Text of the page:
I would like to take you to a place you have probably never heard of, a place which is called Hroza in the Kharkiv Region in eastern Ukraine. Hroza is a small community of 320 people, or was 320 people when on the 5 October, as people were sitting in their homes, a missile landed in the middle of that small town, killing outright 59 people and wiping out 20 per cent of the population in seconds. Absolutely devastating and happens almost every single day in Ukraine. So, when that happens, what do we do? What do we do together? The first thing we do – what we try and do for many of these incidents – is go to those locations. The very next day we were there. I was there, UNHCR, WHO, OCHA – we were all there. Why? Because, as the Deputy Prime Minister said, first of all, it is that demonstration of support that despite all of the other tragedies in the world right now, which look completely overwhelming, Ukraine is still important, a small community of 320 minus 59 people in seconds is still important. We go, first of all, to demonstrate that importance. Secondly, I would like to thank OHCHR who did an excellent report on that tragic incident. It was not a military installation. It was 59 people sitting in a cafe mourning the loss of a loved one. So that's the second reason why we go – we are part of a chain. What do we do in terms of assistance? We do just that, and it works. As the Deputy Prime Minister said, we've got a machine in place. The local authorities, local volunteers who do an outstanding job, national actors, international NGOs, UN agencies, the Government – we have got that piece set now. We respond to every one of these incidents. On day one, we are there. What are we doing? Bringing psychosocial support and immediate supplies to start those repairs, so people whose doors and windows have been completely destroyed by this massive explosion, where the destruction left behind and the damage by the wave that destroy everything around it was bigger than this room. So, psychosocial support, our presence, our witnessing what happens and supplies – that's days after. Weeks after, it's rebuilding the homes. In many locations, it is removing the rubble. In many locations, it is supporting small businesses because that little town depended on that little café. It was the only source of income that they had. So, all of this we can do, and it is now predictable thanks to your funding, thanks to our coordination, thanks to our network, thanks to our relationship with the authorities. But it's the years after – and as Martin said, we are moving to the third year. There's nothing left for us to repair and there's nothing left for me to get my hands on. What's left behind is much harder to deal with. How do you get over the fact that there was, and still is, the playground of that community right beside where that café was hit. Or the women – because I was there on Christmas Day – who tell me “I don't go to the center of town anymore. I can't”. Don't forget that missiles hit and there's immediate damage. We're responding, thank you so much for your support. But in the years to come that damage that we don't see has to be dealt with. And that's the phase we're moving into. My message is – the war is not over. The suffering is not over. We continue to require your support so that we can continue to do the job that we have been doing. And if the funding is not coming at the level that's required, you know from other locations, we will have to start dismantling the humanitarian system. And rebuilding that in Ukraine, certainly, it's not me who is going to be able to do that. So, all of these things we need to keep in mind as we move forward, but the fundamental message is – the war is not over.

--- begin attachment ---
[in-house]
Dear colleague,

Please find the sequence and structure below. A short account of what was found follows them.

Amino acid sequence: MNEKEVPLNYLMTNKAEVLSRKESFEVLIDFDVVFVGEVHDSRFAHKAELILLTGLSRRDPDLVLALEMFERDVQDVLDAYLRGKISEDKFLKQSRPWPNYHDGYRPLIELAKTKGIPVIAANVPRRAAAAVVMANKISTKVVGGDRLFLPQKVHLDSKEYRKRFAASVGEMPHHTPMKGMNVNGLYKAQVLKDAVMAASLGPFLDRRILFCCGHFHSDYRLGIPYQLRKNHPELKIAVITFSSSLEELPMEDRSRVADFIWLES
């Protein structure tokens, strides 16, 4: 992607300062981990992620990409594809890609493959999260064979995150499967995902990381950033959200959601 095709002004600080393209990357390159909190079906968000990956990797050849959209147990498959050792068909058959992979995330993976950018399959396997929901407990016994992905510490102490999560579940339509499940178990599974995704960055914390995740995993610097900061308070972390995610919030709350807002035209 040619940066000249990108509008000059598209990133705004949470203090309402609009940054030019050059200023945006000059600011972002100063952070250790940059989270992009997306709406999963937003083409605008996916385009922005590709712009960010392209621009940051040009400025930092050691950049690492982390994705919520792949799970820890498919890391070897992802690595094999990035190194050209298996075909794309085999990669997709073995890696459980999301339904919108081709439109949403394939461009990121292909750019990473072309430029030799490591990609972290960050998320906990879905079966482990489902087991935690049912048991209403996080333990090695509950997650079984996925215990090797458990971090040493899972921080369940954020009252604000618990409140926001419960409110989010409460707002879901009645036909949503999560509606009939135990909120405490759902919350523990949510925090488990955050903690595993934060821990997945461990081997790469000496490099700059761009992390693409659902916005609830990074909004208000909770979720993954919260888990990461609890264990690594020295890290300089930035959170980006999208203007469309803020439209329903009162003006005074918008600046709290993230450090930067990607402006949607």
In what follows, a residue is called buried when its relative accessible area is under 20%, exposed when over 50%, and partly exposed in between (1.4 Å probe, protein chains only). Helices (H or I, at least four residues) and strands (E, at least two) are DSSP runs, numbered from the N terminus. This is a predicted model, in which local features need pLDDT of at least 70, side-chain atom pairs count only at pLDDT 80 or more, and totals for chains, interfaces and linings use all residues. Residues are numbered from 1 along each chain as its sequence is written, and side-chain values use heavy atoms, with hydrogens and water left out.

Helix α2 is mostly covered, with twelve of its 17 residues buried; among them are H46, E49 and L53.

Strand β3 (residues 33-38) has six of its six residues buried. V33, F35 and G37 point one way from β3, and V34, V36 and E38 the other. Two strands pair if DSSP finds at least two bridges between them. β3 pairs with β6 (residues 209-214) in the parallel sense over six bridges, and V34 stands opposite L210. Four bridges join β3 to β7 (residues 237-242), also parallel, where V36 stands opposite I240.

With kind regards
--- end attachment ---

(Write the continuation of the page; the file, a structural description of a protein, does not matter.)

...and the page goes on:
1 of 5